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Don’t Miss Your Chance: Understanding New Hampshire’s Statute of Limitations

New Hampshire Civil Statute of Limitations: Types of Cases and Time Limits

When it comes to civil lawsuits, deadlines are crucial. The New Hampshire civil statute of limitations sets deadlines for when a legal action can be brought against another party.

The timing varies depending on the type of case and procedure being pursued. Time is counted down from the date of the incident in question, which means that if the deadline passes, the opposing party can file a motion to dismiss, and the claim is lost forever.

This is why it is important to understand the different time limits for each type of case. Injury to Person: Two Years

If you or a loved one has suffered an injury to your person, such as physical harm, the statute of limitations in New Hampshire is two years.

This means that if you don’t take legal action within two years from the incident occurring, you will lose the right to file a claim. Libel/Slander: Two Years

If someone has defamed your reputation through libel or slander, you have two years to file a civil lawsuit in New Hampshire.

Defamation can refer to anything from false accusations to negative statements made to a third party that harm your reputation. Fraud: Three Years

If someone has acted fraudulently towards you, then you have up to three years to file a legal action.

Fraud can be intentional and deceptive conduct, which harms another person or company. Injury to Personal Property: Three Years

If your personal property has been damaged, such as a vehicle, you have three years to file a lawsuit in New Hampshire.

Damaged property can result from property damage caused by a car accident, negligent property care, natural disasters, and many other scenarios. Professional Malpractice: Three Years

If you have suffered harm or damages due to a professional’s negligence or misconduct, you have up to three years to sue them.

This includes actions of a lawyer, accountant, or any professional that violates their duty of care and causes harm to a client. Trespass: Three Years

If someone has unlawfully entered or intruded upon your property, you have three years to file a lawsuit in New Hampshire.

This can include a situation in which someone exceeds or violates the limits of your property. Collection of Rents: Three Years

If someone owes you back rent, you have three years from the date the rent became due to file a lawsuit.

There are limitations on collection actions that are not written to protect tenants from being continuously harassed by landlords. Contracts Written: Three Years

If you have entered into a written contract, such as a rental or employment agreement, and there is a breach of contract, you have three years to file a lawsuit in New Hampshire.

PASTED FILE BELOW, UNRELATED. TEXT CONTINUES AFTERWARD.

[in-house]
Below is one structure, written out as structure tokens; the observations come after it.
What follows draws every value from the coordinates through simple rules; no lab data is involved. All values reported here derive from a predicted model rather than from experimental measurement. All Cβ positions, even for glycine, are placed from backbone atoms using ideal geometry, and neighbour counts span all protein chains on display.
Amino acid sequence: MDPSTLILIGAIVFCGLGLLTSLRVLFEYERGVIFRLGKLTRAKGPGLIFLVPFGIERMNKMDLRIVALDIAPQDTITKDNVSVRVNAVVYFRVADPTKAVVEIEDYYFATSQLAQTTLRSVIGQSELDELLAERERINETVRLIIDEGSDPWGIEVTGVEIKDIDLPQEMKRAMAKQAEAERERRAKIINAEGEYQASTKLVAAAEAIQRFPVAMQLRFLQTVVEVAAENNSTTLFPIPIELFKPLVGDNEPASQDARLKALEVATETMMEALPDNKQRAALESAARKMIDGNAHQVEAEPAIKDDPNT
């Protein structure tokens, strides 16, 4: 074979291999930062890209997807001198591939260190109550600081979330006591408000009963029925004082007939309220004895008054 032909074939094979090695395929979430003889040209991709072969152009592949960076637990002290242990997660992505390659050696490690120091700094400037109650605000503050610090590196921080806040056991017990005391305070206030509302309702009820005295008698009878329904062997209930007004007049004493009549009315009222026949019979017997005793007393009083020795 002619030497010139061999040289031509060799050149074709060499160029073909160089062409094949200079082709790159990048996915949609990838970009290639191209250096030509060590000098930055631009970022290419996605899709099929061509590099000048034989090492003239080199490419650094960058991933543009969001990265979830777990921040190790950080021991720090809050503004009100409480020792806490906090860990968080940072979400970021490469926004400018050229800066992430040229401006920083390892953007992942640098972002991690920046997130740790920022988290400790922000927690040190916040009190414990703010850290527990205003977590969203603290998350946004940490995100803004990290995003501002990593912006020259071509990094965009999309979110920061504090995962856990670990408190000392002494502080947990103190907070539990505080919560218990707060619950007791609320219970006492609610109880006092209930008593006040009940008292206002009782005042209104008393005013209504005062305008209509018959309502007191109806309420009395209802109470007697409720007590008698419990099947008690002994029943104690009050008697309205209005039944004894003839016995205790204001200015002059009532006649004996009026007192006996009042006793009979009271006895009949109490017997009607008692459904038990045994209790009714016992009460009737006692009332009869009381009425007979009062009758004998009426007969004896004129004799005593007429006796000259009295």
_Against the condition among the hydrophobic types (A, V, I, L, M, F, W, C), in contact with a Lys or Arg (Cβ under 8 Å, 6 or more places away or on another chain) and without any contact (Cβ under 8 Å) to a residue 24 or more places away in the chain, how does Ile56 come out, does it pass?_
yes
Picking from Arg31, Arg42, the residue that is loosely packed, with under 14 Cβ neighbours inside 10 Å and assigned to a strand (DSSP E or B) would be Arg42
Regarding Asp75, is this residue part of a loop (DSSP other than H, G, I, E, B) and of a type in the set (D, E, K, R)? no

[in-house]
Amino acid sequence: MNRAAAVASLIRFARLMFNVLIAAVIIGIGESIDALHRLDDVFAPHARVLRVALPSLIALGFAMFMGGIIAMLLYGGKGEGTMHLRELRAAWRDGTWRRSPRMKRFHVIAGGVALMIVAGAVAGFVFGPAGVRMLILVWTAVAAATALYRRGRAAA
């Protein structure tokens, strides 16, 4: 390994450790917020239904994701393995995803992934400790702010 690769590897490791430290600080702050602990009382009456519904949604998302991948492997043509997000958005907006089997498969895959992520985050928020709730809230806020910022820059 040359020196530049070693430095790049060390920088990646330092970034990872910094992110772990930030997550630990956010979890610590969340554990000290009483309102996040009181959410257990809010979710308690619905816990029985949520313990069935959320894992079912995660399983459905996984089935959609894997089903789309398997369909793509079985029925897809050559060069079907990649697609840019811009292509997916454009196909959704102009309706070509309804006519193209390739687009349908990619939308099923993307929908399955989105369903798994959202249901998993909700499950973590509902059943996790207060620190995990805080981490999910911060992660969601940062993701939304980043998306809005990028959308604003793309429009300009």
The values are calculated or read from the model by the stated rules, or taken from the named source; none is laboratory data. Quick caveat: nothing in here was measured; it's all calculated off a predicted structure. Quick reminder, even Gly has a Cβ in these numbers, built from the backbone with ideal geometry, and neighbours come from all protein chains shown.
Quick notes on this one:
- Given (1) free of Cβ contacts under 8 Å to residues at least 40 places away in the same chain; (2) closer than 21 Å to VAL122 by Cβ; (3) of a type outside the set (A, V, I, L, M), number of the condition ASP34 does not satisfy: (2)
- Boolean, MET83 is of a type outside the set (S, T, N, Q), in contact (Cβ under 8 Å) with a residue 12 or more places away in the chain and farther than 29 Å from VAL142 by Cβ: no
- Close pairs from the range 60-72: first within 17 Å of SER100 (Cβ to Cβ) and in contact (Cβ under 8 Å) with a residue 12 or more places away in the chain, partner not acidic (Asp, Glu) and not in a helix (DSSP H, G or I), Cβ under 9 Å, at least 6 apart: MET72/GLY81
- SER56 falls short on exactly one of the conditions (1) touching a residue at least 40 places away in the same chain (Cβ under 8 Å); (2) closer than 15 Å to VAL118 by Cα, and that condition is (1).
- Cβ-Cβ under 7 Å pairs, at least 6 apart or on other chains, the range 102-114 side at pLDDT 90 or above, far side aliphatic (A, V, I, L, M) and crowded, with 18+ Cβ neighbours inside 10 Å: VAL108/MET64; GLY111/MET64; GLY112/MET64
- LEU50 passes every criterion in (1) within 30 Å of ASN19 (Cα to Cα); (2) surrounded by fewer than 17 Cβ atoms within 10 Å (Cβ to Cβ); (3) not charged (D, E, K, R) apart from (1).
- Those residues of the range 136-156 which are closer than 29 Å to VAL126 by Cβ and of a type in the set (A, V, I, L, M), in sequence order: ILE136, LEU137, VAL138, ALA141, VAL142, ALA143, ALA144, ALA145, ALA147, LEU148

Collection of Debt on Account: Three Years

If someone owes you money on an account, like a credit card or loan, you have three years from the date the debt became due to file a lawsuit. This also applies to any other type of unpaid debt.

Judgments: Twenty Years

When one wins a judgment and court orders the opposing party to pay back the debt, the time limit for collecting the debt is twenty years in New Hampshire. New Hampshire Criminal Statute of Limitations: Murder and Felonies, Misdemeanors, and Violations Time Limits

The statute of limitations also plays a crucial role in criminal cases in New Hampshire.

The time limit varies depending on the severity of the crime. Murder and Felonies: Six Years

Murder and felonies in New Hampshire have a six-year statute of limitations.

If law enforcement cannot file criminal charges within six years from the date the incident occurred, the accused person cannot be prosecuted. Misdemeanors: One Year Deadline

Misdemeanors, such as minor drug offenses, have a one-year deadline in New Hampshire.

The statute of limitations begins at the time of the arrest. Violations: Prosecuted within Three Months

Violations, such as traffic tickets, are prosecuted within three months of when the officer issues the ticket.

Final Words

Understanding the New Hampshire civil statute of limitations is crucial. It sets deadlines for taking legal action, and if the deadline passes, the opposing party can file a motion to dismiss, and the claim is lost.

Make sure you know the statute of limitations for the type of case that you have before pursuing legal action. The New Hampshire civil statute of limitations is crucial to understanding legal actions’ deadlines.

With the timing varying on the type of case and procedure, it is essential to take legal action before the deadline passes. For example, injuries to a person have a two-year statute of limitations, while judgments have a 20-year deadline.

The same goes for criminal charges like how misdemeanors have a one-year deadline, while violations are prosecuted within three months. Being aware of the statute of limitations is essential to achieve a successful outcome in a legal action.

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